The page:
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Nordic

Atlantic Ocean Road, Norway <em>Picture: Ernst Vikne</em>

Atlantic Ocean Road, Norway Picture: Ernst Vikne

What do you think of when you hear the word Scandinavian? Is it liberalism? Or social democracy? Perhaps high standards of living? Or high tax rates? Maybe saunas and snow?

Whatever it is, could we become Scandinavians – and, if we could, would we want to?

That was the issue which was raised to the top of the political agenda over the weekend when it emerged that SNP strategists believe that an independent Scotland’s future lies in looking north and east, not south.

Angus Robertson, the SNP’s foreign and defence spokesman, has been leading the charge towards the Nordicisation of Scotland and his arguments are compelling.

He points to the opening up of new shipping lanes over the north of Russia because of global warming. These new routes offer to save companies 40 per cent on fuel and time costs in journeys from the Far East to Europe.

At the moment, that trade will go to Rotterdam. But what, Mr Robertson argues, if some of that trade could be persuaded to come through Scotland – and, in particular, through a new container hub at Rosyth?

Then there is energy, and proposals for a super-grid between Scotland and Norway. Then there is oil, and fishing and maritime surveillance and defence.

Mr Robertson’s argument is that Scotland used to enjoy close trade, diplomatic and maritime links with Scandinavia, but these were lost when Scotland joined the Union with England and started looking south.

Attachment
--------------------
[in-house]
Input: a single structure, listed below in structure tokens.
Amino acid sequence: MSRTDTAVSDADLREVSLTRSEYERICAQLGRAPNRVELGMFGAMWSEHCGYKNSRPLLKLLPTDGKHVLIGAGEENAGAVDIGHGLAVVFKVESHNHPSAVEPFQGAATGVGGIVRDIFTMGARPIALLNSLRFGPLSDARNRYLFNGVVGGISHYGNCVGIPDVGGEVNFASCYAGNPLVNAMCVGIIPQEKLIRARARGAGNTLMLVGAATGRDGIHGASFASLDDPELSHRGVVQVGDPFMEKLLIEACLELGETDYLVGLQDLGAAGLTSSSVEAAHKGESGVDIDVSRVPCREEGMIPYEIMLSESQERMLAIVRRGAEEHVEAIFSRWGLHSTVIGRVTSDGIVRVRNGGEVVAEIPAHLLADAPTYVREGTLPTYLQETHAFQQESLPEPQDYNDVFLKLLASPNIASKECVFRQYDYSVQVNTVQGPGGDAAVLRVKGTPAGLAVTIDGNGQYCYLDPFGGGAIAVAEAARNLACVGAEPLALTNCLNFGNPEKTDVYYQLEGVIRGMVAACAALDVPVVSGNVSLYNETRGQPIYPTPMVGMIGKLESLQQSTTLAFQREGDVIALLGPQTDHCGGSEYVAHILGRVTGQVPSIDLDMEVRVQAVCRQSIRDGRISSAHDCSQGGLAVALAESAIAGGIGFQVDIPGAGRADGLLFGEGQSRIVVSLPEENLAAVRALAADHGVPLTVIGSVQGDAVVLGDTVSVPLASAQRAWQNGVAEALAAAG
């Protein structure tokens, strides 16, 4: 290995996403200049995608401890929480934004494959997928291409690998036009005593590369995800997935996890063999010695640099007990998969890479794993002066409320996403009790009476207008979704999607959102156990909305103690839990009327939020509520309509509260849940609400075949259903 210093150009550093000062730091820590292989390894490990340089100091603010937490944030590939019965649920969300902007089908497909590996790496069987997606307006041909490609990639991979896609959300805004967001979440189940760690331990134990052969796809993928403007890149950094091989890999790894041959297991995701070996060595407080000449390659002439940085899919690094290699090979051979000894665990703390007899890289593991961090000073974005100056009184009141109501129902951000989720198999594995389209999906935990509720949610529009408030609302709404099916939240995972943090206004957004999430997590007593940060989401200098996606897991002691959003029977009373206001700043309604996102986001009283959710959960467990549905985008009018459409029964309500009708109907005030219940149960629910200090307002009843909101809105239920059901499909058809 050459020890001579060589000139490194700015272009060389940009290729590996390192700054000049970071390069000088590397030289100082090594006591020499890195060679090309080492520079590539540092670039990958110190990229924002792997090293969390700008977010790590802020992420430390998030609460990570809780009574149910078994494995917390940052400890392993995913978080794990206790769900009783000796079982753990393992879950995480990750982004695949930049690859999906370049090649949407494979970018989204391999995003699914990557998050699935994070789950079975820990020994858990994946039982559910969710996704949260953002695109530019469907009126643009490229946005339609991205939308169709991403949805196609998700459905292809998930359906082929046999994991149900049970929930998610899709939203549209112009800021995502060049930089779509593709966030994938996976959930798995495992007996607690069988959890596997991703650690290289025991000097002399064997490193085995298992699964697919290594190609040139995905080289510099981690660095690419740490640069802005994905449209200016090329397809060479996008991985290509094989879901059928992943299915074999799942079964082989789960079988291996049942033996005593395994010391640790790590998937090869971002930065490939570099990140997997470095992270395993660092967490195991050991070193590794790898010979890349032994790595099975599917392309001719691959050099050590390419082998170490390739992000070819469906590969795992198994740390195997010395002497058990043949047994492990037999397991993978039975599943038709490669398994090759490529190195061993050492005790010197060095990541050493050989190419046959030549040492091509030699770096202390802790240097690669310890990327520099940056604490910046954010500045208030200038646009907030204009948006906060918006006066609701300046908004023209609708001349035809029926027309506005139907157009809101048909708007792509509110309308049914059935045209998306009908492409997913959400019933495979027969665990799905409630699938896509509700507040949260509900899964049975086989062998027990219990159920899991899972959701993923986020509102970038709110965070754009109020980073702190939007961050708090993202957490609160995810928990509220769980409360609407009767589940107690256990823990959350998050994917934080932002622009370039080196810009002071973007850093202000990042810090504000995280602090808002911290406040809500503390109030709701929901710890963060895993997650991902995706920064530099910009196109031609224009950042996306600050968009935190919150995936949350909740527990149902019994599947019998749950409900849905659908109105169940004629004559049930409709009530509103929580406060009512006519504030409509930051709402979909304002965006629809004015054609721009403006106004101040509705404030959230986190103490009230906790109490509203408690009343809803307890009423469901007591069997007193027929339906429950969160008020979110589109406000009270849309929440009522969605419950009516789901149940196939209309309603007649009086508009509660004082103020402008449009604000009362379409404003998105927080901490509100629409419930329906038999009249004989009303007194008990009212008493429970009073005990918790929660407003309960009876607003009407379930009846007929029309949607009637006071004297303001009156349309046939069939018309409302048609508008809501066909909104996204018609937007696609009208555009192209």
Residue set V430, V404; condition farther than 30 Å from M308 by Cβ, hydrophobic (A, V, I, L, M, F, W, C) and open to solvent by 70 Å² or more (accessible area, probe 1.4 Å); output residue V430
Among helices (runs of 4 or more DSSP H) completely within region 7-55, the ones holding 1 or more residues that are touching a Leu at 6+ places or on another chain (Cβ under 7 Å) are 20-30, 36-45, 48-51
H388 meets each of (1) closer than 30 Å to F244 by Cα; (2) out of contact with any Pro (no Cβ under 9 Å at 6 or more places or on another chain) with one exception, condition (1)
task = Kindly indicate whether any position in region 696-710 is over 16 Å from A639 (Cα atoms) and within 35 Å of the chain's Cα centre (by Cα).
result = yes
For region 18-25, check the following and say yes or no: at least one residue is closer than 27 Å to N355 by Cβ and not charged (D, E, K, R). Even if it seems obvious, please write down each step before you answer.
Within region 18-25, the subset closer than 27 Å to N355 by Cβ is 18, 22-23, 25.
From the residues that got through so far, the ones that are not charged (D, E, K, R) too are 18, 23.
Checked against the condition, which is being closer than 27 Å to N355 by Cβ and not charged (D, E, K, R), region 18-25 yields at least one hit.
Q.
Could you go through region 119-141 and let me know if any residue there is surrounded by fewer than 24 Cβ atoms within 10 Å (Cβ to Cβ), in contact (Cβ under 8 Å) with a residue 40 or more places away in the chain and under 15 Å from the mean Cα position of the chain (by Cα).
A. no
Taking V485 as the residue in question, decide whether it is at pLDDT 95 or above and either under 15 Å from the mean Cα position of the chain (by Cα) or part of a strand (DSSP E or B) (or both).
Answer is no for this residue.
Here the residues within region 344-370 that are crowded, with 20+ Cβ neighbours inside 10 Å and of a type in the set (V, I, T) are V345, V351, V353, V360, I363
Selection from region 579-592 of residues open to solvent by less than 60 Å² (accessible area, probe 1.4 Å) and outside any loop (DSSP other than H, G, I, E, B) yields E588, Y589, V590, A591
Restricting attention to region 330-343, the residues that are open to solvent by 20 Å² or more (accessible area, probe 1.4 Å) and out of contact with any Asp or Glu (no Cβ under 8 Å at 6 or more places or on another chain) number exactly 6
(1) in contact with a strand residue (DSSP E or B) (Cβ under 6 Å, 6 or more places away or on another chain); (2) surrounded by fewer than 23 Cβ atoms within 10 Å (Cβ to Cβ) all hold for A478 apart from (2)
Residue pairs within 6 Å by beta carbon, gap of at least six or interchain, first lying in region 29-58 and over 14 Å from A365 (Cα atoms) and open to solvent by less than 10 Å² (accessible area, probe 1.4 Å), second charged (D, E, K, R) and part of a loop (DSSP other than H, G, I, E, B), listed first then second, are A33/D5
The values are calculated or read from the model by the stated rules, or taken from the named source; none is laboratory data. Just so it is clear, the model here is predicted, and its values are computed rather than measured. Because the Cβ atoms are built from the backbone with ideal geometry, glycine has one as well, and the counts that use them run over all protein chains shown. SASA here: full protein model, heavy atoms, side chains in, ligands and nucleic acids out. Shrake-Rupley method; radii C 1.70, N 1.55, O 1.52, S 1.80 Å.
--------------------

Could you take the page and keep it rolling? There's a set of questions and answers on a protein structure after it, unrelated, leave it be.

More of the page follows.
With independence, he says, it is time to look towards our old neighbours again.

But there is more. Along with this new, Scandic, approach to diplomacy and trade is a defence strategy designed to dovetail with the Norwegians, the Swedes and the Danes and provide Scotland with the sort of defence forces which the other Scandinavian countries have pioneered.

This means small, high-tech, deployable forces designed to look after our corner of the world which, along with the Norwegians, Danes and Swedes, means the High North and Arctic – not the plains of Germany, the deserts of Irag or the mountains of Afghanistan.

That is the overt message. But is there a subliminal one, as well? How much do we want to become like the Scandinavians domestically, too?

By talking about trade and diplomacy and energy and minerals and fishing and defence, senior Nationalists have started creating an image of an independent Scotland as one that is similar – at least outwardly – to its Scandinavian neighbours.

They insist that this would not mean punitively high rates of tax or conscription or any of the other aspects of Scandinavian life which may appear unpalatable.

But how would we feel if we went further and started to aspire to be like the Scandinavians in social policy, or in penal policy, or in taxation?

Everybody seems to agree that the Scandinavians enjoy an enviable standard of living, generally, and that they seem to reach agreement on key domestic agendas by doing what is right, rather than by political dogma – but Sweden also seems to have the highest tax rates in the world, and these have been blamed for limiting ambition and economic growth.

But maybe that is a good thing. Given where Scotland is at the moment on a whole range of different indices, maybe it would be good to swap what we have for the Scandinavian model – regardless of the downsides.

What is certain, though, is that we have to have this debate. The SNP leadership has opened up the prospect of Scotland shifting its focus dramatically after independence and this then raises fresh questions about what sort of country we would want an independent Scotland to be.